Do statins reduce heart scan scores?

If you have a CT heart scan score (also called coronary calcium score), what effect do statin cholesterol drugs have on stopping or slowing the increase in score? (Increasing scores pose increasing risk for heart attack and other cardiac events.) NONE. If you do nothing at all, the score increases by 25% per year, on average. If you take a statin drug, aspirin, and follow a low-fat diet, what my colleagues call “optimal medical therapy,” the score increases . . . 25% per year—no difference. Yet this is the “solution” that conventional doctors push on their patients, a “treatment” that yields little to no benefit. The real tragedy? There are a number of easily accessible, inexpensive, and effective strategies that can stop the increase in heart scan scores, even reduce the score and, with it, reduce or eliminate risk for heart disease—but the answers won’t come from your doctor. Transcript: Let’s talk about whether statin cholesteral drugs can reduce a heart scan score. Statin cholesterol drugs are drugs like Lipitor®, Crestor®, Zocor®, or other drugs, non-statin drugs that reduce total LDL cholesterol. Heart scan scores are sometimes called coronary calcium scores, and all they are is an index, or gauge, of the volume of atherosclerotic plaque in your heart’s arteries — the stuff that ruptures, and causes heart attacks, or worsens, grows, and causes chest pain that leads to things like stres...
Source: Wheat Belly Blog - Category: Cardiology Authors: Tags: Open cholesterol coronary calcium ct scan do statin drugs reduce heart scan scores reduce coronary calcium reverse coronary calcium reverse heart disease undoctored wheat belly Source Type: blogs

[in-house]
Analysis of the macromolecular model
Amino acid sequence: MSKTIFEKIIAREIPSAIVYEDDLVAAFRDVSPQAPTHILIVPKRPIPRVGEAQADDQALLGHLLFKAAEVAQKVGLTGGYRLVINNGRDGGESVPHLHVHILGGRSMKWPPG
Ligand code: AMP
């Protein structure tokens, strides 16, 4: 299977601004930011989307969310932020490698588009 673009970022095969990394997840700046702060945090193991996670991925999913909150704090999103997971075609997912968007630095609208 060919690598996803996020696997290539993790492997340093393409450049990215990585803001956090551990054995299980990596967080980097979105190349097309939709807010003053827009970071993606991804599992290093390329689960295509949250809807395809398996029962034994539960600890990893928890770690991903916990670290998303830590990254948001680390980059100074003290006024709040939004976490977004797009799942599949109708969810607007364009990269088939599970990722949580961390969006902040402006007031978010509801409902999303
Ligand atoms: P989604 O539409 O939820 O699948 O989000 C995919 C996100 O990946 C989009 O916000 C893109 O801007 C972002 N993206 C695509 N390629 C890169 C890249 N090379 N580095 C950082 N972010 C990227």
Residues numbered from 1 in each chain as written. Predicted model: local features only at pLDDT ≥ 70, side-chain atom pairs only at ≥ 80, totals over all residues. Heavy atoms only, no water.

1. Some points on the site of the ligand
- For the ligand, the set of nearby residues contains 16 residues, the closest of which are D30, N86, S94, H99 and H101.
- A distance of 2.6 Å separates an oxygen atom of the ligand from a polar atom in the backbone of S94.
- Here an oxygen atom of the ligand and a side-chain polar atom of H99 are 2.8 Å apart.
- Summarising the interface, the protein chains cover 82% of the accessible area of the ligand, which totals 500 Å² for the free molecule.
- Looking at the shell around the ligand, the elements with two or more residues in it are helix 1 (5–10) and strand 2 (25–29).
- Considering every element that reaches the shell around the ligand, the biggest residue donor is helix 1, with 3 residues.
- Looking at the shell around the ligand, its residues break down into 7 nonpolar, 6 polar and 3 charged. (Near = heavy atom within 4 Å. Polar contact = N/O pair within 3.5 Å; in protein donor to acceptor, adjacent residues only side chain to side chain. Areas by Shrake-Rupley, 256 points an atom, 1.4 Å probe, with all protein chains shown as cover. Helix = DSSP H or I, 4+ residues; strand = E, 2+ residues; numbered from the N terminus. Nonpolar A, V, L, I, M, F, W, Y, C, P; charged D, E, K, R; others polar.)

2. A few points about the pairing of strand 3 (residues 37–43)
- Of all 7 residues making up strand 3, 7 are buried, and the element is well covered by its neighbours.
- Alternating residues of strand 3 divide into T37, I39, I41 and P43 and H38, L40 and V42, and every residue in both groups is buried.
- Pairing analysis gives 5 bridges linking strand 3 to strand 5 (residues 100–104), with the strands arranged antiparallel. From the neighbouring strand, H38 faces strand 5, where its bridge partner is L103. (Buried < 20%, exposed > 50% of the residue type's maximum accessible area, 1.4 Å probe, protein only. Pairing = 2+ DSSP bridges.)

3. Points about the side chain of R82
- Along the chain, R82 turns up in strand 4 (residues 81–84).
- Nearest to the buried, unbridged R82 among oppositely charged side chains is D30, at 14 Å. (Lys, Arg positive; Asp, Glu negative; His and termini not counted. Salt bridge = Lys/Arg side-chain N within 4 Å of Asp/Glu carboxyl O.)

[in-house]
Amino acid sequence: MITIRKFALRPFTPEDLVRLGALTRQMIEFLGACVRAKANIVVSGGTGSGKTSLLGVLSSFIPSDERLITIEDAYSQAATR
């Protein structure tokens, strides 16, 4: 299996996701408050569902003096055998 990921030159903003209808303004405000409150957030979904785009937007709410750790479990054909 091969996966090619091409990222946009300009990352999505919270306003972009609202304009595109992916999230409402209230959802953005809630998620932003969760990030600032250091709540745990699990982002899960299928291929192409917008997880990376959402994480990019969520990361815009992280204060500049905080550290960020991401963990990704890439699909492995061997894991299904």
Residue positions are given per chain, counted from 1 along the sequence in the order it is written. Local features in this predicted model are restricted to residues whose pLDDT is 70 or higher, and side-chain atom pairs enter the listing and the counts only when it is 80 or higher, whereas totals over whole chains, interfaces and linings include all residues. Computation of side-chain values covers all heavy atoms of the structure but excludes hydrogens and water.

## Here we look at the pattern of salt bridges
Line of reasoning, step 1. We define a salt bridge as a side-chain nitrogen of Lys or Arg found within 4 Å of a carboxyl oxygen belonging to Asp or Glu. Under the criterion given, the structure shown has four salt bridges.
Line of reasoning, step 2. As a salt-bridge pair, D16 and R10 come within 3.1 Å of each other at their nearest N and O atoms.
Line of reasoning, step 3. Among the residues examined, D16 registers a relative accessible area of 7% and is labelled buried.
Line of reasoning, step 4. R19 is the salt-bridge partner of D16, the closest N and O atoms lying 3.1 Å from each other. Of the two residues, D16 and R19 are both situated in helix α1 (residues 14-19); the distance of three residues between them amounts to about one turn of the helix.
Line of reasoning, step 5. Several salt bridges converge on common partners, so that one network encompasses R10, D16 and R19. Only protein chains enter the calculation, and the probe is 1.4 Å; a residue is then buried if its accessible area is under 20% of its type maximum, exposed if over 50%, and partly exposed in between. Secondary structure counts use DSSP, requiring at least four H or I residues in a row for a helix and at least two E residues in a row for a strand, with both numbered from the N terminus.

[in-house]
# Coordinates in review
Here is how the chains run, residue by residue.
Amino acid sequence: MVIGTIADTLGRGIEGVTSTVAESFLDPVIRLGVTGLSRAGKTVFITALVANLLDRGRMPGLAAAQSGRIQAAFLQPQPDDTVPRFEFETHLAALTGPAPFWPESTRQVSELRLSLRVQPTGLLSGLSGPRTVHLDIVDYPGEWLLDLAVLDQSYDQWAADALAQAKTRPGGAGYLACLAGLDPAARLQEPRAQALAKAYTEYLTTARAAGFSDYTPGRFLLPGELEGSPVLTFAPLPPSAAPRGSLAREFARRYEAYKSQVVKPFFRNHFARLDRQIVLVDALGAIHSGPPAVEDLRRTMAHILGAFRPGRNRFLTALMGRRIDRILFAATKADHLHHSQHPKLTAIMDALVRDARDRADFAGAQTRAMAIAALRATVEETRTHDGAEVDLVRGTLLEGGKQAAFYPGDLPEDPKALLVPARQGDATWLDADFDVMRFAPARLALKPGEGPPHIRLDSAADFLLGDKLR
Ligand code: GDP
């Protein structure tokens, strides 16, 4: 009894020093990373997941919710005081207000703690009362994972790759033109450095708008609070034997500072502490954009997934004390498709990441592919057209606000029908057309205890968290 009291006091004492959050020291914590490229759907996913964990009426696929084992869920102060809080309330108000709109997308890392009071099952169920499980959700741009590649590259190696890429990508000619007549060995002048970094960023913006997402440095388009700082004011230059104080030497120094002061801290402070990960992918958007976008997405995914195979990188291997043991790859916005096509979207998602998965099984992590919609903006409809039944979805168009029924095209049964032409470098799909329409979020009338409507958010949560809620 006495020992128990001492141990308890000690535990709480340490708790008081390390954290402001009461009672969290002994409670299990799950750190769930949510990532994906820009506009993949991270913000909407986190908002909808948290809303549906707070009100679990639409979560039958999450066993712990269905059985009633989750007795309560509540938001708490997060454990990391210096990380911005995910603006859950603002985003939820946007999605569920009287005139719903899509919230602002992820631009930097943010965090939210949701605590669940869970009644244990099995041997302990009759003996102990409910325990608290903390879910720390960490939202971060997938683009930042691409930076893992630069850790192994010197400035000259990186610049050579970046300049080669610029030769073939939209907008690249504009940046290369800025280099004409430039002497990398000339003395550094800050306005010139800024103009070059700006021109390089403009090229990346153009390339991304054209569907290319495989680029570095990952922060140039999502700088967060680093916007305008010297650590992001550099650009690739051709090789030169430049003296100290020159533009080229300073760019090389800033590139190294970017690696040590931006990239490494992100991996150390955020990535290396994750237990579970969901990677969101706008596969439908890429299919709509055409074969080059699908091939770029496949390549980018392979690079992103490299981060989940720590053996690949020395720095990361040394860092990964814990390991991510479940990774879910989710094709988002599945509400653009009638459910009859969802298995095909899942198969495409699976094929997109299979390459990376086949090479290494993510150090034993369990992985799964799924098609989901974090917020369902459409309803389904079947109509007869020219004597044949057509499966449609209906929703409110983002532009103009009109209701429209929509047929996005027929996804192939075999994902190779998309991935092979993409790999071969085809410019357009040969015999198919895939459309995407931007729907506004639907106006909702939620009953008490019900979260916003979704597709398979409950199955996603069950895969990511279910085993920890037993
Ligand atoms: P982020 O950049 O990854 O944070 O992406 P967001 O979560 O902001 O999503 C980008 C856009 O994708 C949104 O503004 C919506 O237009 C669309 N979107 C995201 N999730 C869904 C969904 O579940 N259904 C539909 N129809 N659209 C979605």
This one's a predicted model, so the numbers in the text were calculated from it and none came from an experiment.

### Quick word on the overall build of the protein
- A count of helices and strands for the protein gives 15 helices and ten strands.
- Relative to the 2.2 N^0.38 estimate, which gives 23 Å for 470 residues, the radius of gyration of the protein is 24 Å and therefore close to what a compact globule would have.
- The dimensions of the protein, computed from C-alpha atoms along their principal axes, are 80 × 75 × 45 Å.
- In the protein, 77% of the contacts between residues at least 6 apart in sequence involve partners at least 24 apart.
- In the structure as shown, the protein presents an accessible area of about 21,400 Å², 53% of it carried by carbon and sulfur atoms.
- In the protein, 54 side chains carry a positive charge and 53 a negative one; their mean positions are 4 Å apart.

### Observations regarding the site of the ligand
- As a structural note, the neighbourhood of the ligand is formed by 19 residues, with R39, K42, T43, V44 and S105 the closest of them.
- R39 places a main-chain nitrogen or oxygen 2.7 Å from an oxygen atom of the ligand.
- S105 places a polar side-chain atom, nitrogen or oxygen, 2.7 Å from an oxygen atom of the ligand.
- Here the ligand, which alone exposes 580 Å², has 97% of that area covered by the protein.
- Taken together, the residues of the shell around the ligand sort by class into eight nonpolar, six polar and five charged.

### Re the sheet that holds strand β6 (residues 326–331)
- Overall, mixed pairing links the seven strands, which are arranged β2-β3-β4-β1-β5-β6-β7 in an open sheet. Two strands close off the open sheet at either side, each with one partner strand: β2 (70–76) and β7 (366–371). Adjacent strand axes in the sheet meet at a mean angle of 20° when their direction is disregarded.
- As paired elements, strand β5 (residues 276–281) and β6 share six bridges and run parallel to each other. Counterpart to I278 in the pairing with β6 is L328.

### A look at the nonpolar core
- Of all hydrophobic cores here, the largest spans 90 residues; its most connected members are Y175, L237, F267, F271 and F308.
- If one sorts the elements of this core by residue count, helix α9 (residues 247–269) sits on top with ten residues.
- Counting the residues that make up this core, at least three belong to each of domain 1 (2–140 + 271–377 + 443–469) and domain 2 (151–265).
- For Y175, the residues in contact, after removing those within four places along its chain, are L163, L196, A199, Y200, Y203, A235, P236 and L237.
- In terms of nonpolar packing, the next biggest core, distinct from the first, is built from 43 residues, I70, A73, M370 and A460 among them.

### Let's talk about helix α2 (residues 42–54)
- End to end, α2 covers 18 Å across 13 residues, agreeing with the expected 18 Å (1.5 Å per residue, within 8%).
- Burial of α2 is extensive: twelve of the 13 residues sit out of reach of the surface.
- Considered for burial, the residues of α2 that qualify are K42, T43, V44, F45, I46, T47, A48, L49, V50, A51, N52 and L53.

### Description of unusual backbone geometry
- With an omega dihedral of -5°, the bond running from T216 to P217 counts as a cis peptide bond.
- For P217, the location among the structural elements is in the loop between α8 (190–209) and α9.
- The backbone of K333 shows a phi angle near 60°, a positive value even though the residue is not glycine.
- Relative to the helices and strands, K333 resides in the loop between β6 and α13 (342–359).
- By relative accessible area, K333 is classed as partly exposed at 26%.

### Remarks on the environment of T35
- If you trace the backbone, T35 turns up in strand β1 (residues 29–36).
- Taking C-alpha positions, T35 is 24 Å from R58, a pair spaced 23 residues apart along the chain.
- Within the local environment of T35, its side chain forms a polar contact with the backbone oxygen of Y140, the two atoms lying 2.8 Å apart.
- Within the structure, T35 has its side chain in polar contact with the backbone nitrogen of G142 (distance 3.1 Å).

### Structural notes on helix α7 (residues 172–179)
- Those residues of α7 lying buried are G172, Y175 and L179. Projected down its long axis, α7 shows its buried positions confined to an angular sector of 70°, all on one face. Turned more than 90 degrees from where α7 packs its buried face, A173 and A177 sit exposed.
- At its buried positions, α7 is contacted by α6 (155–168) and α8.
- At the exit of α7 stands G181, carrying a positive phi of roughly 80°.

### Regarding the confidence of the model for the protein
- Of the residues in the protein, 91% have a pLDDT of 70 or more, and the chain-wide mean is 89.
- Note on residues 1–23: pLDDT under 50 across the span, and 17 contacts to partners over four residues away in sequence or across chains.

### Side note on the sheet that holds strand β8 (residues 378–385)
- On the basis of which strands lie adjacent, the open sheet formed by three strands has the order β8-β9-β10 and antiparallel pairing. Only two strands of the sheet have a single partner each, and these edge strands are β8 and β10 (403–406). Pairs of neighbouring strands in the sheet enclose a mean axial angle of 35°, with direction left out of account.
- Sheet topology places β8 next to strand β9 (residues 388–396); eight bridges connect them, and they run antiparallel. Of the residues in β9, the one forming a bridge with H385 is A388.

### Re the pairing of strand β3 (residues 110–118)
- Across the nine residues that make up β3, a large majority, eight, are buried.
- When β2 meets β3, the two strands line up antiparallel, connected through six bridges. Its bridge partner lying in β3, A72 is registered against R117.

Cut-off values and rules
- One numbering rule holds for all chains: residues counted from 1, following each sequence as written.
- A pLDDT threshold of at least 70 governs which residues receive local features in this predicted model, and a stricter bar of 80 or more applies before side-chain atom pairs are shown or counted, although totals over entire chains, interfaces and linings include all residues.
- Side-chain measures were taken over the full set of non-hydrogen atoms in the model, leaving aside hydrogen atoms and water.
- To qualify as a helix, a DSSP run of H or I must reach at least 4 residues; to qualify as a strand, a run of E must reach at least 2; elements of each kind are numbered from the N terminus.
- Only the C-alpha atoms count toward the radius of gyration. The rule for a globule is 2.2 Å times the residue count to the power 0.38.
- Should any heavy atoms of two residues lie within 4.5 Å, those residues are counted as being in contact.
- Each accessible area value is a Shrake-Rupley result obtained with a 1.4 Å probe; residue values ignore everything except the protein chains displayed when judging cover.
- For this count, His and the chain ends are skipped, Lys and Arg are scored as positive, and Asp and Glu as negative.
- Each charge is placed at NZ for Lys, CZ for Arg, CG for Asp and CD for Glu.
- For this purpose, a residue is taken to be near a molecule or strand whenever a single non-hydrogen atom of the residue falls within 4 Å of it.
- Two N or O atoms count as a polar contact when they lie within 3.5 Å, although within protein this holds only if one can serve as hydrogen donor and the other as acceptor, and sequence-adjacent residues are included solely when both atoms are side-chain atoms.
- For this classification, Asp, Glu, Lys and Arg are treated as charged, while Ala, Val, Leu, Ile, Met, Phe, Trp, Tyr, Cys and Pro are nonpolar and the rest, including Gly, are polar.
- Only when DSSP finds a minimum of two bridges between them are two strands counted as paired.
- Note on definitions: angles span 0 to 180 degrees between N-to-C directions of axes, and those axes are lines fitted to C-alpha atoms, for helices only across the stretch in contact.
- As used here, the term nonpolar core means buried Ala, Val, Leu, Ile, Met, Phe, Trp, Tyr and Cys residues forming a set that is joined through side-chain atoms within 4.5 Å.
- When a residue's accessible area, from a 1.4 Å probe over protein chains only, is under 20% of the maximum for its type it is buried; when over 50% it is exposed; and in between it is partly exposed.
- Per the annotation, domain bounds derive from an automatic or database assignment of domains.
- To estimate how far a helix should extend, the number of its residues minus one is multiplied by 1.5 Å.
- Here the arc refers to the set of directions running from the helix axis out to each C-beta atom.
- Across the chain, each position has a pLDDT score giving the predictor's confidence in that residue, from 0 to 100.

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We examined 9293 individuals from the Copenhagen General Population Study using nuclear magnetic resonance spectroscopy measurements of total cholesterol, free- and esterified cholesterol, triglycerides, phospholipids, and particle concentration. Fourteen subclasses of decreasing size and their lipid constituents were analysed: six subclasses were very low-density lipoprotein (VLDL), one intermediate-density lipoprotein (IDL), three low-density lipoprotein (LDL), and four subclasses were high-density lipoprotein (HDL). Remnant lipoproteins were VLDL and IDL combined. Mean nonfasting cholesterol concentration was 72...
Source: Fight Aging! - Category: Research Authors: Tags: Newsletters Source Type: blogs
This study elucidates the potential to use mitochondria from different donors (PAMM) to treat UVR stress and possibly other types of damage or metabolic malfunctions in cells, resulting in not only in-vitro but also ex-vivo applications. Gene Therapy in Mice Alters the Balance of Macrophage Phenotypes to Slow Atherosclerosis Progression https://www.fightaging.org/archives/2019/07/gene-therapy-in-mice-alters-the-balance-of-macrophage-phenotypes-to-slow-atherosclerosis-progression/ Atherosclerosis causes a sizable fraction of all deaths in our species. It is the generation of fatty deposits in blood vessel...
Source: Fight Aging! - Category: Research Authors: Tags: Newsletters Source Type: blogs
In conclusion, we found a gradient of increasing blood pressure with higher levels of BMI. The fact that this gradient is present even in the fully adjusted analyses suggests that BMI may cause a direct effect on blood pressure, independent of other clinical risk factors. PRRX1 as a Possible Point of Control for Remyelination https://www.fightaging.org/archives/2018/12/prrx1-as-a-possible-point-of-control-for-remyelination/ Researchers here outline what is possibly a new point of intervention in the processes that maintain the myelin sheath that wraps nerves. This sheath is vital to the correct operatio...
Source: Fight Aging! - Category: Research Authors: Tags: Newsletters Source Type: blogs
This study is the culmination of a decade of research that has repeatedly demonstrated that this vaccine can effectively and safely target in animal models what we think may cause Alzheimer's disease. I believe we're getting close to testing this therapy in people." Although earlier research established that antibodies significantly reduce amyloid buildup in the brain, researchers needed to find a safe way to introduce them into the body. A vaccine developed elsewhere showed promise in the early 2000s, but when tested in humans, it caused brain swelling in some patients. The new idea was to start with DNA codin...